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It’s always exciting to find a package of processed slide film in the letterbox, doubly so to unwrap it and hold each strip up to the light to see how it’s come out. I’ve got 4 reels back from the lab now, so around 90 frames to play with. Last week I went through the painstaking process of scanning each image into the computer (so I can import them into Final Cut Pro and create a movie sequence). A process that more than pays off, though, when you see them playing back on the timeline: always a bit of a surprise, and always a bit magical.

Even as digitized scans, the slides carry that richness and warmth that is so particular to film. It is worth the time, the expense and the few out-of-focus frames to get that quality of image. I also enjoy the delay, the anticipation between shooting and developing. It affords time to ponder and plan, to think ahead to the next phase.

90 frames aren’t many, so I’ve only managed a few tentative tests so far. But I’m quite excited by the results. The series create short, stuttering journeys – little glimpses. I can loop some of the sequences to extend their rhythms. Many are close-up details of plants and flowers so capture something of the seclusion and intimacy of the garden. The sequences are erratic, playful (“kind of snapshot-y” my boyfriend said). I don’t mind that, the garden is a light-hearted, playful place. The jumpiness is unusual for me though – although I like to draw some attention to the ‘animated’ nature of my work, I usually take care to use a tripod, to eliminate wobble and to allow for smooth transitions and delicate movements rather than quick, disjunctive cuts. I’m not quite sure how this will pan out…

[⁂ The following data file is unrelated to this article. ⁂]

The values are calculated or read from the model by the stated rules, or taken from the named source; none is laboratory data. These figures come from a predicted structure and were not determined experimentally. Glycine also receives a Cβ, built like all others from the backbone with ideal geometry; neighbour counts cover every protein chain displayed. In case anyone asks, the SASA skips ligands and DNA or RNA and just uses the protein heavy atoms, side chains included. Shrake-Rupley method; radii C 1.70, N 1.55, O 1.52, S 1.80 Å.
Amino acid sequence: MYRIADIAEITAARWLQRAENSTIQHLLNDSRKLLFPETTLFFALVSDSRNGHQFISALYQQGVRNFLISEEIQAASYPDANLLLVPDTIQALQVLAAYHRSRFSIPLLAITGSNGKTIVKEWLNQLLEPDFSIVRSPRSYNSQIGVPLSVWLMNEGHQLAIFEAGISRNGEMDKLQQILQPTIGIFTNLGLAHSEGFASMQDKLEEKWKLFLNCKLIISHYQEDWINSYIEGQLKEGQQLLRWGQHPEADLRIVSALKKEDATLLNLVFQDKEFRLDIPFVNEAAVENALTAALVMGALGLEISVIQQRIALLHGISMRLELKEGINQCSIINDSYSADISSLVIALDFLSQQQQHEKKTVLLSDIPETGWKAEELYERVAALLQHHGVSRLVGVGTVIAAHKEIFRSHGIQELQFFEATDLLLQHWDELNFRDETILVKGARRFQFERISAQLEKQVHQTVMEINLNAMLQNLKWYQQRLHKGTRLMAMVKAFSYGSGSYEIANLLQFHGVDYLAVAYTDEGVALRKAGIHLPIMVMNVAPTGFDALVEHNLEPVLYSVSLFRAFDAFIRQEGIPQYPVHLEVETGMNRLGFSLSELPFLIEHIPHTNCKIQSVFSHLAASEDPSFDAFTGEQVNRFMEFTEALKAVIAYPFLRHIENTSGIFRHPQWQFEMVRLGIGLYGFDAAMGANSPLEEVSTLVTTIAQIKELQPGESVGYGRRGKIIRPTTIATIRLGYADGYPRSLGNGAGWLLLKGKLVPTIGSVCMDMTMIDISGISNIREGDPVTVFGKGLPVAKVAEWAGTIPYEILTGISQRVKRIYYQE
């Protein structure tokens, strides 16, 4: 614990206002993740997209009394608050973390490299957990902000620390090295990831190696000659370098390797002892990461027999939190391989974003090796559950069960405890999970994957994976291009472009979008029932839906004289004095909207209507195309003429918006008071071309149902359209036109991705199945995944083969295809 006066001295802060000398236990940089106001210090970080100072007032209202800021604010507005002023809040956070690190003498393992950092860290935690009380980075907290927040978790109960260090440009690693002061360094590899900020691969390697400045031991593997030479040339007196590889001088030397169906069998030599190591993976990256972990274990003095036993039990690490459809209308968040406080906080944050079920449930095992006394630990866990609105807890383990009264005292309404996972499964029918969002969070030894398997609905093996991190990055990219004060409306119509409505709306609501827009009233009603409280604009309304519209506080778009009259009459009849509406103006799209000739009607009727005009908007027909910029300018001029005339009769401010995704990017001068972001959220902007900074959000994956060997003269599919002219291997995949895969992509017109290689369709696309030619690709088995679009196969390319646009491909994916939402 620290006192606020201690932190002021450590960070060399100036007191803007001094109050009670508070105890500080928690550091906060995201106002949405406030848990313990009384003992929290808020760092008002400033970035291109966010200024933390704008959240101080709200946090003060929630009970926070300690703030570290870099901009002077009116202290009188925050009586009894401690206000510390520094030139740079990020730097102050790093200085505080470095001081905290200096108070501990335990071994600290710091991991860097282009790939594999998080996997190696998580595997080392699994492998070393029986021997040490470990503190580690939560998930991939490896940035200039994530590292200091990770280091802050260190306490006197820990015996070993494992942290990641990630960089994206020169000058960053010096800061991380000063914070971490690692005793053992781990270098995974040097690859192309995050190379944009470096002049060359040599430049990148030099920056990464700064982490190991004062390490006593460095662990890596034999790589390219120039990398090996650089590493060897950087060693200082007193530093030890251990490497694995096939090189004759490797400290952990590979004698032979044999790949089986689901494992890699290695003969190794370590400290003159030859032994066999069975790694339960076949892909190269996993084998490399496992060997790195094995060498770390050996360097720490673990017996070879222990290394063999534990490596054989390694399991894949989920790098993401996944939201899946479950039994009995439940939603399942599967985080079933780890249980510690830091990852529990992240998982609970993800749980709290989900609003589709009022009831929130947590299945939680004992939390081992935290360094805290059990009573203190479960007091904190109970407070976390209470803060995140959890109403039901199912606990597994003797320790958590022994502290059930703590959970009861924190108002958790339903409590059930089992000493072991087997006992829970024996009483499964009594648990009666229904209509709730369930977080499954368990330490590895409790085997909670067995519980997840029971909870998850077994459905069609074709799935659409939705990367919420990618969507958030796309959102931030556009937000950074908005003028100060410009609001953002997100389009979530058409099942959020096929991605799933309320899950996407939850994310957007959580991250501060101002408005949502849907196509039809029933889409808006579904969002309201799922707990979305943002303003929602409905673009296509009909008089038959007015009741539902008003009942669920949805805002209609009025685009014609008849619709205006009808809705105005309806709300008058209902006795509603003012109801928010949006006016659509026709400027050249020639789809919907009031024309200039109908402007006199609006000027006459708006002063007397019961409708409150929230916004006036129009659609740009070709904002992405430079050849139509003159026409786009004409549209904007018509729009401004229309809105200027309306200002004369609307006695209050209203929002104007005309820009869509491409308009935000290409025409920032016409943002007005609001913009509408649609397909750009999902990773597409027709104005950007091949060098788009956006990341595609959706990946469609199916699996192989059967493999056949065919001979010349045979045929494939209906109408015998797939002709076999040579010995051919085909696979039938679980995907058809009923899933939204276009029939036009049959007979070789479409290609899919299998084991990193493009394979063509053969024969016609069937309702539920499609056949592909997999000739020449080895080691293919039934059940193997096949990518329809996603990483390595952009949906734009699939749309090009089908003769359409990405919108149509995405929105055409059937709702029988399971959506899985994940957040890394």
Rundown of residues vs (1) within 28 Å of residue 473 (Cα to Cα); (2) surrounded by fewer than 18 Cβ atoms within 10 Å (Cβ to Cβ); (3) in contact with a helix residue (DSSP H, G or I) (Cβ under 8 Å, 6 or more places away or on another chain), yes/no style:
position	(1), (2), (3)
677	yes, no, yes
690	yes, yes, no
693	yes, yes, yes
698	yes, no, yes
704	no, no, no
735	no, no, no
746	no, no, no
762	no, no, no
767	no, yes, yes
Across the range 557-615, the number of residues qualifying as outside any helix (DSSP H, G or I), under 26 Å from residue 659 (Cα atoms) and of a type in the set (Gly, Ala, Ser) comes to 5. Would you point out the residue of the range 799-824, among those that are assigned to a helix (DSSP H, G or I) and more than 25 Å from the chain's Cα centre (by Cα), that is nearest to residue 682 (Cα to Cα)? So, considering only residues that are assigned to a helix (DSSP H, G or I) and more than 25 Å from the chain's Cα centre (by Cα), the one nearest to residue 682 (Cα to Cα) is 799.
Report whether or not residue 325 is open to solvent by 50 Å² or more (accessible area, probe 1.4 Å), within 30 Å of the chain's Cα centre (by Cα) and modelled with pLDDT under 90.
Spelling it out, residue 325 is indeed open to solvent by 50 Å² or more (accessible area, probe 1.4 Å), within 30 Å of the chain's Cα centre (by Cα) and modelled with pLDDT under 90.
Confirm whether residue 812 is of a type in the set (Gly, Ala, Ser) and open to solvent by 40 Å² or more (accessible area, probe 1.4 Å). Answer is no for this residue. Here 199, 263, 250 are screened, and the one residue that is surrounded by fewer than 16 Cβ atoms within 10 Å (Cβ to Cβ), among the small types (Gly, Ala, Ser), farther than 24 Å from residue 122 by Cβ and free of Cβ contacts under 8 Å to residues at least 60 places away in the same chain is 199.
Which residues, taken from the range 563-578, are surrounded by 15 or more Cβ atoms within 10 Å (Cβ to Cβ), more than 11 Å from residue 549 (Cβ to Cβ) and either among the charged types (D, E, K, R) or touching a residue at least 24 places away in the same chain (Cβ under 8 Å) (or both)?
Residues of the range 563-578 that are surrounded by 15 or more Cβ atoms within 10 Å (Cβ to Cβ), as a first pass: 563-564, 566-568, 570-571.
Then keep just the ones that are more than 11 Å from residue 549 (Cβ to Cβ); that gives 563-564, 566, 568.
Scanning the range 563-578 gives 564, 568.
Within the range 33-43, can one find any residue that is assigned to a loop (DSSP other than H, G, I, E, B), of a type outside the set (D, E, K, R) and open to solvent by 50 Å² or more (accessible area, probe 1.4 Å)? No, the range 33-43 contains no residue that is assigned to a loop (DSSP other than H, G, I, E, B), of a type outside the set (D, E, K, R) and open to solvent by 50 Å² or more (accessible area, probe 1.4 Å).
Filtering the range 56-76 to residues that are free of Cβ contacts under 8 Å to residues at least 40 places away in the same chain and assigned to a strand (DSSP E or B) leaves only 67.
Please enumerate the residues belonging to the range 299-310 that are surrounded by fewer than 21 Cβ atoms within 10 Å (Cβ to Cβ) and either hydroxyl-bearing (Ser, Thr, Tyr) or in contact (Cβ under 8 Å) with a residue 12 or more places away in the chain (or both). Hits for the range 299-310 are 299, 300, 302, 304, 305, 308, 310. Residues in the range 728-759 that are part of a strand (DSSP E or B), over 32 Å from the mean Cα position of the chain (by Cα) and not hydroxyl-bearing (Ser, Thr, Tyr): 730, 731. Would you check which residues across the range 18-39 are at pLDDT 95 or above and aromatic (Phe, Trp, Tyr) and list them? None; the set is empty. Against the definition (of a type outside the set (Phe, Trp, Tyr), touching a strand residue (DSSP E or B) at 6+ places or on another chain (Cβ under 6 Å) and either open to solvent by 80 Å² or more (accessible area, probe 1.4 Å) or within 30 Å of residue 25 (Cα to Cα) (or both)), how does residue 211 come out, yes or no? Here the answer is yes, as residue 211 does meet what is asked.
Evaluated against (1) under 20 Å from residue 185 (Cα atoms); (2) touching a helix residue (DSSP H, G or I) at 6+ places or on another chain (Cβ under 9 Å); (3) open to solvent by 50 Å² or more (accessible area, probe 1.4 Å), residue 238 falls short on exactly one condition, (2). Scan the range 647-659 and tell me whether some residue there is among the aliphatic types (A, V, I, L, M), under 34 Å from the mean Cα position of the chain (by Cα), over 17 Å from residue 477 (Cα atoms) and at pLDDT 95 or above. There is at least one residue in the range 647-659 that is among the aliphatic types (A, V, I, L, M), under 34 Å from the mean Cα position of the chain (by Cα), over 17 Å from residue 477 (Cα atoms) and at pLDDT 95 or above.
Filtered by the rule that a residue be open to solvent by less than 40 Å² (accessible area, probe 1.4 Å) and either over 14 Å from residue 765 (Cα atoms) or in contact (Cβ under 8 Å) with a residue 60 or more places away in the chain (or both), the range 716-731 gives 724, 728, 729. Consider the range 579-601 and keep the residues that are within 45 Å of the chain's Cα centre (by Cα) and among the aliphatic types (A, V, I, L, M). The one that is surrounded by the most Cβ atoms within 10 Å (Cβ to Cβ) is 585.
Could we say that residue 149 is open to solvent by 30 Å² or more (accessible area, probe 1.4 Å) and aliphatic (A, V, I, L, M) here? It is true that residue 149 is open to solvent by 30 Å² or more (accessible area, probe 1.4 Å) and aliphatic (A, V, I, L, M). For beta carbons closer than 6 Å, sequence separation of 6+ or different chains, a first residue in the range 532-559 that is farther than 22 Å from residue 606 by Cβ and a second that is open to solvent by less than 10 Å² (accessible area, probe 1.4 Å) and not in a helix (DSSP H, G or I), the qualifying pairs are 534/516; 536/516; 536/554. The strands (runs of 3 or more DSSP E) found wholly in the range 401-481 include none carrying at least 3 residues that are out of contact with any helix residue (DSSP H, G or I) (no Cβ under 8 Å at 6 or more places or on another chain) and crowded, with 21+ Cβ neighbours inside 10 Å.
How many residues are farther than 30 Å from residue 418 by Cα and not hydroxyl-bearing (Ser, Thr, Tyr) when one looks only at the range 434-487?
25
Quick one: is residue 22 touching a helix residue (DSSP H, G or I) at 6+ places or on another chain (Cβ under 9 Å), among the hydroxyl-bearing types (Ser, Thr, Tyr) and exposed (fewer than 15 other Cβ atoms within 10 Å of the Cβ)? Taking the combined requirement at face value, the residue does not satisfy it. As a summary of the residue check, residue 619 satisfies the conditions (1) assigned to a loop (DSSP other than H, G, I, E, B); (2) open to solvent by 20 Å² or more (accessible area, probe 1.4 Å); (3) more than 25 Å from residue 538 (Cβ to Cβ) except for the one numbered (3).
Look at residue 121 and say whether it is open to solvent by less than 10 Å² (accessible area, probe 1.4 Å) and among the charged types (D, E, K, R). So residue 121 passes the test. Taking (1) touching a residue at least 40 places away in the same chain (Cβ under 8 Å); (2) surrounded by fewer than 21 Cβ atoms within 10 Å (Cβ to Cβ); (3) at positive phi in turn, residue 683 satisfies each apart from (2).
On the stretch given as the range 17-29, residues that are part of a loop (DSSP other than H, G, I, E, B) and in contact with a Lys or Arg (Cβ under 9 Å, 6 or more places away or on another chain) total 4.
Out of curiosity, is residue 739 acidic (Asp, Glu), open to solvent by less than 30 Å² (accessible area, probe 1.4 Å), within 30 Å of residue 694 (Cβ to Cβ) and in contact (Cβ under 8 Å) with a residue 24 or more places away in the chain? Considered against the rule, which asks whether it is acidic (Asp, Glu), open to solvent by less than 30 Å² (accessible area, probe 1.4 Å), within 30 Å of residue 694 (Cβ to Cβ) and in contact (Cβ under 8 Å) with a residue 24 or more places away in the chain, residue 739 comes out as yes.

On Thursday afternoon I made my first sound recordings. I was using a tiny microphone attached to my iPod so the recordings are faint and crackly, but I quite like that quality. They create a sense of space and suggest an environment, without spelling it out too clearly. Children’s voices drift in from a nearby playground; planes and cars are a steady drone in the background. Occasionally I captured a fly buzzing or footsteps passing by me – closer sounds that begin to define the space of the photographs, albeit ambiguously.

Afterwards I sat with some of the Culpeper members and talked about seasonal changes in the garden. Already summer is dying away and the colours, textures are changing. It has been unusually dry so the grass is looking parched, many of the colourful flowers have passed and the whole place feels more subdued. They told me how in the winter months when the green canopies are gone, the surrounding buildings become much more visible – more present in the space. It will be interesting to observe this transformation, the dialogue or interchange between garden and city.